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Control Premiums in ESOPsHistorically, when an ESOP bought a minority interest in a company it paid for shares at a price that was discounted because those shares lacked control. The theory was that a hypothetical willing buyer would pay more per share for the right to control how assets are deployed in a company, much in the same way that ownership of shares in a public company (which almost by definition is on a minority basis) often goes up in value when there is a takeover offer. If the ESOP acquired more than 50% of the shares, however, there would be a control premium, the value of which varied based on the specific facts.
In recent years, the concept of control value and how to calculate it has become more nuanced, constructed more from a set of calculations. Appraisers have shifted to a new model that never pays for control per se, but rather applies multiples to earnings based on a variety of company attributes that provide what they persuasively contend provide a more accurate way of thinking about what ESOP shares are really worth. If the ESOP does not have governing control, this number is discounted based on the elements of control it lacks. Even when the ESOP owns a majority of the stock, however, control may be subject to contingencies on loans or practical constraints on how the ESOP trustee can exercise control, all of which can also result in discounts. Control elements are not priced on a general assumption, but a calculation.
The NCEO surveyed 18 leading ESOP appraisal firms to learn more about current practices. The results point to a growing, if not universal, consensus on how valuation is approached.
Income AnalysisValuations in ESOP companies include asset value, comparable company analysis, and the income approach, which (to somewhat oversimplify) analyzes multiples of cash flow (measured as EBITDA) that willing buyers would pay willing sellers. The income approach usually gets the lion's share of the weighting. Appraisers typically rely on normalized projected future earnings over the coming five years or a capitalization of prior earnings. These earnings are then discounted by the weighted average cost of capital (WACC), which measures the cost of equity capital, the risk-free investment rate, beta (a measure of the equity risk premium), the size premium, and the company-specific risk premium. This produces a number, frequently 12% to 20% (but with variations), that indicates a rate of return that is acceptable to a hypothetical investor. So if the WACC is 15%, an investor will pay 6.7 times EBITDA for the earnings, plus an amount reflecting the "residual value," the amount remaining at the end of the five-year period the investor can capture. This analysis, however, is company-specific in terms of its earnings projections or trajectory, capital structure, and other issues. This number is adjusted as needed based on asset and comparable company models, as well as discounts as needed for liquidity and repurchase obligation.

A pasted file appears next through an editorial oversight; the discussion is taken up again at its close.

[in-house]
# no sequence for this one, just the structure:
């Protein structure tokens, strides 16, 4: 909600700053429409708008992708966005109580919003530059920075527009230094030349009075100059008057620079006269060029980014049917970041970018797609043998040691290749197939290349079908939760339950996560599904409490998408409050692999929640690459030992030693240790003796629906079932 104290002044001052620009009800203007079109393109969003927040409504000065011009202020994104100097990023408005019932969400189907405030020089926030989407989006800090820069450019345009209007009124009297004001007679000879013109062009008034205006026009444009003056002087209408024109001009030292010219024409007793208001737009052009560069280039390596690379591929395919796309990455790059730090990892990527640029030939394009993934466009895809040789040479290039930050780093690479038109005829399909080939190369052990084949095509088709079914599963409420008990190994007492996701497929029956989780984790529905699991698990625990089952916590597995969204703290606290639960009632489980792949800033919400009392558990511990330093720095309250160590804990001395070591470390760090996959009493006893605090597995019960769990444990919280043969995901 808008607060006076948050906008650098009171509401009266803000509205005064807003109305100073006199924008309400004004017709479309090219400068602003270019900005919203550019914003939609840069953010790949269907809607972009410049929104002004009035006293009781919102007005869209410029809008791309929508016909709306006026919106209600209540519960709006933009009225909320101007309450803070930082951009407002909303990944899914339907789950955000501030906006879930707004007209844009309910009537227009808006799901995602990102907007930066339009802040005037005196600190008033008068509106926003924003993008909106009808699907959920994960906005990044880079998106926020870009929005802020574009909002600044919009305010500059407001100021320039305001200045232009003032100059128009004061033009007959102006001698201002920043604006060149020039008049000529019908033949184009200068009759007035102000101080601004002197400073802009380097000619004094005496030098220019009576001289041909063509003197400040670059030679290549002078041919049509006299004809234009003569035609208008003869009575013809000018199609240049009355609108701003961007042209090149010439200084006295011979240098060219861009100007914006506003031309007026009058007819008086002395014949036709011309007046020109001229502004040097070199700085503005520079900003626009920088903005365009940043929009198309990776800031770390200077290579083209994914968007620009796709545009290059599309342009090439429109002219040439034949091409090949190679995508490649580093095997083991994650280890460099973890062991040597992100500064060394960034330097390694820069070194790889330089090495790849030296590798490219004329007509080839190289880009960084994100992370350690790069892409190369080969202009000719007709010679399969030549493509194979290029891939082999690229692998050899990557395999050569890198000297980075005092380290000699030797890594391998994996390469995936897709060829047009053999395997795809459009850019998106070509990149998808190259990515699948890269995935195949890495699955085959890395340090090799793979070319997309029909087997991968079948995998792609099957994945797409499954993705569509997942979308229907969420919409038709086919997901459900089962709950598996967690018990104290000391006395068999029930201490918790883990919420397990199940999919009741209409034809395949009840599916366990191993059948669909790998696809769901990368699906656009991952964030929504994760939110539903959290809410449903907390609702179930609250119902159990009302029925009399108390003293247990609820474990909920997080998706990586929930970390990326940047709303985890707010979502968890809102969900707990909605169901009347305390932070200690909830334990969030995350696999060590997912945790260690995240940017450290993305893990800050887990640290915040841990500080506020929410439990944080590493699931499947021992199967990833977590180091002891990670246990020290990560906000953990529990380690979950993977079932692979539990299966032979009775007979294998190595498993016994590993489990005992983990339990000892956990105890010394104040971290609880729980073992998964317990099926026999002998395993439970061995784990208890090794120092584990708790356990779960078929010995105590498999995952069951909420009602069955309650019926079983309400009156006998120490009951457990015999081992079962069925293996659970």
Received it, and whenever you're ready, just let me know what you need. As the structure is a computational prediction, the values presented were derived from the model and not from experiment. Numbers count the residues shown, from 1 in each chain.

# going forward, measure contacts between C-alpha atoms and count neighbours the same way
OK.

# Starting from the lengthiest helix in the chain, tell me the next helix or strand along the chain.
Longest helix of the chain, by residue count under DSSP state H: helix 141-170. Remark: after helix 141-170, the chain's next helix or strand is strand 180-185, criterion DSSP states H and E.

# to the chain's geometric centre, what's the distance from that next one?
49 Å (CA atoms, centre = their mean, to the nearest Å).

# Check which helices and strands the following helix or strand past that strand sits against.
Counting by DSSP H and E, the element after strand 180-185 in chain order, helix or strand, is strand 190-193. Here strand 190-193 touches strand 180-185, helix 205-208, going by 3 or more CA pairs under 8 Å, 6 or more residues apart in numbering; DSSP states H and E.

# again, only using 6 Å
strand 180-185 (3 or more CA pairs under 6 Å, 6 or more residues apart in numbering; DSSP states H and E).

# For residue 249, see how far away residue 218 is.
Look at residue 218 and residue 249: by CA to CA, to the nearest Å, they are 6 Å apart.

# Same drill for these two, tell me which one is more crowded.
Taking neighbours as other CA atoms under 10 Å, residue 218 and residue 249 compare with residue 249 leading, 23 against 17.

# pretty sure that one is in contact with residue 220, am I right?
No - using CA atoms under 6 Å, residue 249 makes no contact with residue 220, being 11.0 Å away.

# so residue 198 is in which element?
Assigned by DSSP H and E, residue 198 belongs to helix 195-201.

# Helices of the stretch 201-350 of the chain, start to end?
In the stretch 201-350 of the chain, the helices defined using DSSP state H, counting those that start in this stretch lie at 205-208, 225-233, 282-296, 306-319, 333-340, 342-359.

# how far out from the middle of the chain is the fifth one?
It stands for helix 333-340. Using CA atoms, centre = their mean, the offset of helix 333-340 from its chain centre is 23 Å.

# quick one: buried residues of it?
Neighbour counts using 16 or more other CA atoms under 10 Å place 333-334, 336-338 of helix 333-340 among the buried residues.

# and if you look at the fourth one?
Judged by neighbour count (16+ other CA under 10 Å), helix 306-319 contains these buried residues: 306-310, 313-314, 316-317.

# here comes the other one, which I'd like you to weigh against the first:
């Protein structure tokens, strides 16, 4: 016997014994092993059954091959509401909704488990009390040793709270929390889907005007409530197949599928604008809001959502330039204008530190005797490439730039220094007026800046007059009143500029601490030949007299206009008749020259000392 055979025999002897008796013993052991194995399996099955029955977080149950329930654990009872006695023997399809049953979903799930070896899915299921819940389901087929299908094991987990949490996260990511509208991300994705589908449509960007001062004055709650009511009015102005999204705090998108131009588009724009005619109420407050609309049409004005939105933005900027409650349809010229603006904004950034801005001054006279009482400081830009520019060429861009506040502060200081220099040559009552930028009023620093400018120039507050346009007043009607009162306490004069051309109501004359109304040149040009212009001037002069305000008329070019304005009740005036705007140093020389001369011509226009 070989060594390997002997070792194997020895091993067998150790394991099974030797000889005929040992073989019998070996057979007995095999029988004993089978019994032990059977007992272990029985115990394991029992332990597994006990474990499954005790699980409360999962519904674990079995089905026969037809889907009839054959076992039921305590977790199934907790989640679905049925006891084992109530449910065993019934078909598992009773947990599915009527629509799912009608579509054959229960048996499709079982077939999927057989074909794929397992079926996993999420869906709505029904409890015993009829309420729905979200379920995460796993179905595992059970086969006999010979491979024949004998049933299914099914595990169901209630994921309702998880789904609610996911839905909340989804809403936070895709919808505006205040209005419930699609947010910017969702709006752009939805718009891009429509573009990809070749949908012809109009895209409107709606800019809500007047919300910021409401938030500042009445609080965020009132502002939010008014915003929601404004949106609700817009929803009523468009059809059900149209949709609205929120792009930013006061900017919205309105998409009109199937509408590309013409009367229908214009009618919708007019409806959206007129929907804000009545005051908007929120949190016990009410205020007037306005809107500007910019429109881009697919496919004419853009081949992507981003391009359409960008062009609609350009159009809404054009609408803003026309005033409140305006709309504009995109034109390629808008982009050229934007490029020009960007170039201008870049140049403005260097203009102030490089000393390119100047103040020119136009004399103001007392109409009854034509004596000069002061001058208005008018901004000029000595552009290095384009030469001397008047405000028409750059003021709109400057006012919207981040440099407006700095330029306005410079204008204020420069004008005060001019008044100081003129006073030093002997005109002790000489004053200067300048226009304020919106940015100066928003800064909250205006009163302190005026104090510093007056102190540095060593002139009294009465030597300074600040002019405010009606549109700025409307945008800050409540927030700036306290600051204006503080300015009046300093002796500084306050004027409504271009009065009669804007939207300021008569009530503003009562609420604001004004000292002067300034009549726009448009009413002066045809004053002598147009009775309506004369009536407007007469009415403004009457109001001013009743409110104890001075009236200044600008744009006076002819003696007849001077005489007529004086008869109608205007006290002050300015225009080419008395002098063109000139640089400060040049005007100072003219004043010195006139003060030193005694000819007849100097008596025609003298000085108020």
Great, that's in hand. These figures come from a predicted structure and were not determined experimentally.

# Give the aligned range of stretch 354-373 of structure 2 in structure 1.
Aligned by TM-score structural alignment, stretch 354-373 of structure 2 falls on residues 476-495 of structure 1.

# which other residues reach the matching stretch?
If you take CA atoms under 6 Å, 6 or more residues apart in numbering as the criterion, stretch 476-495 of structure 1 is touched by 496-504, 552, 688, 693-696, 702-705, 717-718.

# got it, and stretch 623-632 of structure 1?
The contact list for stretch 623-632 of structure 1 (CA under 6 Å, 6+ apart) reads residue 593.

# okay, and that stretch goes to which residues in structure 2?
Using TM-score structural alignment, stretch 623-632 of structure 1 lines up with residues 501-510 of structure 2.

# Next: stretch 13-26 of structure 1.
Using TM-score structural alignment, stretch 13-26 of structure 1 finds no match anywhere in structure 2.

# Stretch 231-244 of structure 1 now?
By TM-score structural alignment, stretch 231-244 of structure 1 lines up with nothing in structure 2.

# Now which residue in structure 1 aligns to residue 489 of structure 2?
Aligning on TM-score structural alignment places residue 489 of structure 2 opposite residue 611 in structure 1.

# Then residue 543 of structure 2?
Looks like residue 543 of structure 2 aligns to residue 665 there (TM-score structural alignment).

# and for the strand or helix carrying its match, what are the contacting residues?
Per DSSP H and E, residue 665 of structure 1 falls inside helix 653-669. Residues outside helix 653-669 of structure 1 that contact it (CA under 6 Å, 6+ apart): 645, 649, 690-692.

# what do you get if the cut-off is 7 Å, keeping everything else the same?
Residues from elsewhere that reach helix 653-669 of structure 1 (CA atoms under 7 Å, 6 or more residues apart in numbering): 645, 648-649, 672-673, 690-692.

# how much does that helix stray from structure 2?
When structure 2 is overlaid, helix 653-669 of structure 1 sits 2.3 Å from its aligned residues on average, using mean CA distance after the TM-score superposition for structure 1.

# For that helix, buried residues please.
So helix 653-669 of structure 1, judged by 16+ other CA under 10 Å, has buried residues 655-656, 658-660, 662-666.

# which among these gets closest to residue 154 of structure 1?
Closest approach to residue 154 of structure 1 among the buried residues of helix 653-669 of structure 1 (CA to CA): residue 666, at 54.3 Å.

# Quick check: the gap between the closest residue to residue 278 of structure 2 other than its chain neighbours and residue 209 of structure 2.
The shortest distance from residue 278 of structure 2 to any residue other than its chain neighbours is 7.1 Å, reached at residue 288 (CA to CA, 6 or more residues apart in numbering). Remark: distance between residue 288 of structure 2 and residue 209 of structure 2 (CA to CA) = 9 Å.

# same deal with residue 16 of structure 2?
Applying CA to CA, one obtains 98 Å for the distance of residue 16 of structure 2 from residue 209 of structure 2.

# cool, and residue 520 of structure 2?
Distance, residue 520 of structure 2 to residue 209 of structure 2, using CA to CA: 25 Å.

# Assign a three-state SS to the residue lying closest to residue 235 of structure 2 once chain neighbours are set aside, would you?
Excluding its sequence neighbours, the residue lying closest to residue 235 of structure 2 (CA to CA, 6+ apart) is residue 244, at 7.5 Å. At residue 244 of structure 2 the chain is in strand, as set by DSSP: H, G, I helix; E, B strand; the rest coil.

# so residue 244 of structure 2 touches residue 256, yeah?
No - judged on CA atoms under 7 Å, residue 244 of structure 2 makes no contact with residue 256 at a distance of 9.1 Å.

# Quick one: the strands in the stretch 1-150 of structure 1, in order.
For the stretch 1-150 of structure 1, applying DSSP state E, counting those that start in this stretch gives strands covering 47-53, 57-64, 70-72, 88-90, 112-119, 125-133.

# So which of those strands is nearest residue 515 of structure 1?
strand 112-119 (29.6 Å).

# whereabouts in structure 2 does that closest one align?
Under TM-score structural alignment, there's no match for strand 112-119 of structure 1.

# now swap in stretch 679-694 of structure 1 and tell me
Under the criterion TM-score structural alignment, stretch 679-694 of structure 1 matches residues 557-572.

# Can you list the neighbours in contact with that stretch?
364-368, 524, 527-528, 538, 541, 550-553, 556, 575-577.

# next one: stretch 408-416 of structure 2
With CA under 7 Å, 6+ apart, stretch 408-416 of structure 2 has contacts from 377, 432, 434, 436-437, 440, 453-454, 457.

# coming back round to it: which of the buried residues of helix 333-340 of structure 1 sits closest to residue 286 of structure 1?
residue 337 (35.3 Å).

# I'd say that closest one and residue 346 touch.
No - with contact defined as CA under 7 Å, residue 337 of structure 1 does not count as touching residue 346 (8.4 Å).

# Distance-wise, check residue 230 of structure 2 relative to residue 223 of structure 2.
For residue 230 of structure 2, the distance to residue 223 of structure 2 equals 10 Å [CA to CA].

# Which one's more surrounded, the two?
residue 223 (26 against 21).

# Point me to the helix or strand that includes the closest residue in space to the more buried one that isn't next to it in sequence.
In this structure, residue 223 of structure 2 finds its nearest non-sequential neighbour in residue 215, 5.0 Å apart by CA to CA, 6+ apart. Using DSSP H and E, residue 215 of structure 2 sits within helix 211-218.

In the past, appraisers might then take the value this creates (after adjusting for comparable company and asset value), then apply a minority discount if the ESOP owned less than 50% and a control premium if the transaction bought it above 50%. The approach was based on market guideline company studies based on acquirers having a synergistic value when they acquire control. In fact, multiples from public companies and private companies for which there are data arguably reflect financial control levels, meaning the assets are already being deployed in an optimal or near-optimal way. If not, there would be a lot more acquisitions to unlock value. True synergistic opportunities are not the norm, this argument goes. As a result, this financial control model is now more often used to determine enterprise value in ESOP companies. The resulting enterprise value would then be adjusted, if needed, for lack of liquidity, repurchase obligations (if needed), and minority discounts, if applicable.
Many respondents made further adjustments based on constraints that may exist on how the company can use future revenues. These may include limitations on new investments, board seats (sometimes for the seller), compensation paid to the seller other than the note itself, and restrictions on dividends and bonuses, among other things. These constraints in theory might impair the optimal use of revenues from a financial control standpoint, resulting in a somewhat lower number.
While this approach is the most common, some appraisers still use control and non-control approaches more directly, albeit with caution. These approaches may be justified based on facts and circumstances, and this more traditional model does not per se produce a systematically different result than the emerging model.
Interactive EffectsThe valuation models that now prevail do vary from firm to firm, and board members, fiduciaries, and trustees need to understand how they work and why. It should be noted, however, that valuation is an iterative process. If your company's stock is valued at, say, 5% less than it might be with a more aggressive approach, that means you need that much less money to buy out existing owners and/or departing employees. And that means, other things being equal, your EBITDA goes up over time—so your value will go up with it.
For a good overview of the theory behind the new models based on financial control, see Chris Mercer, What Determines the Level of Value in Business Valuation.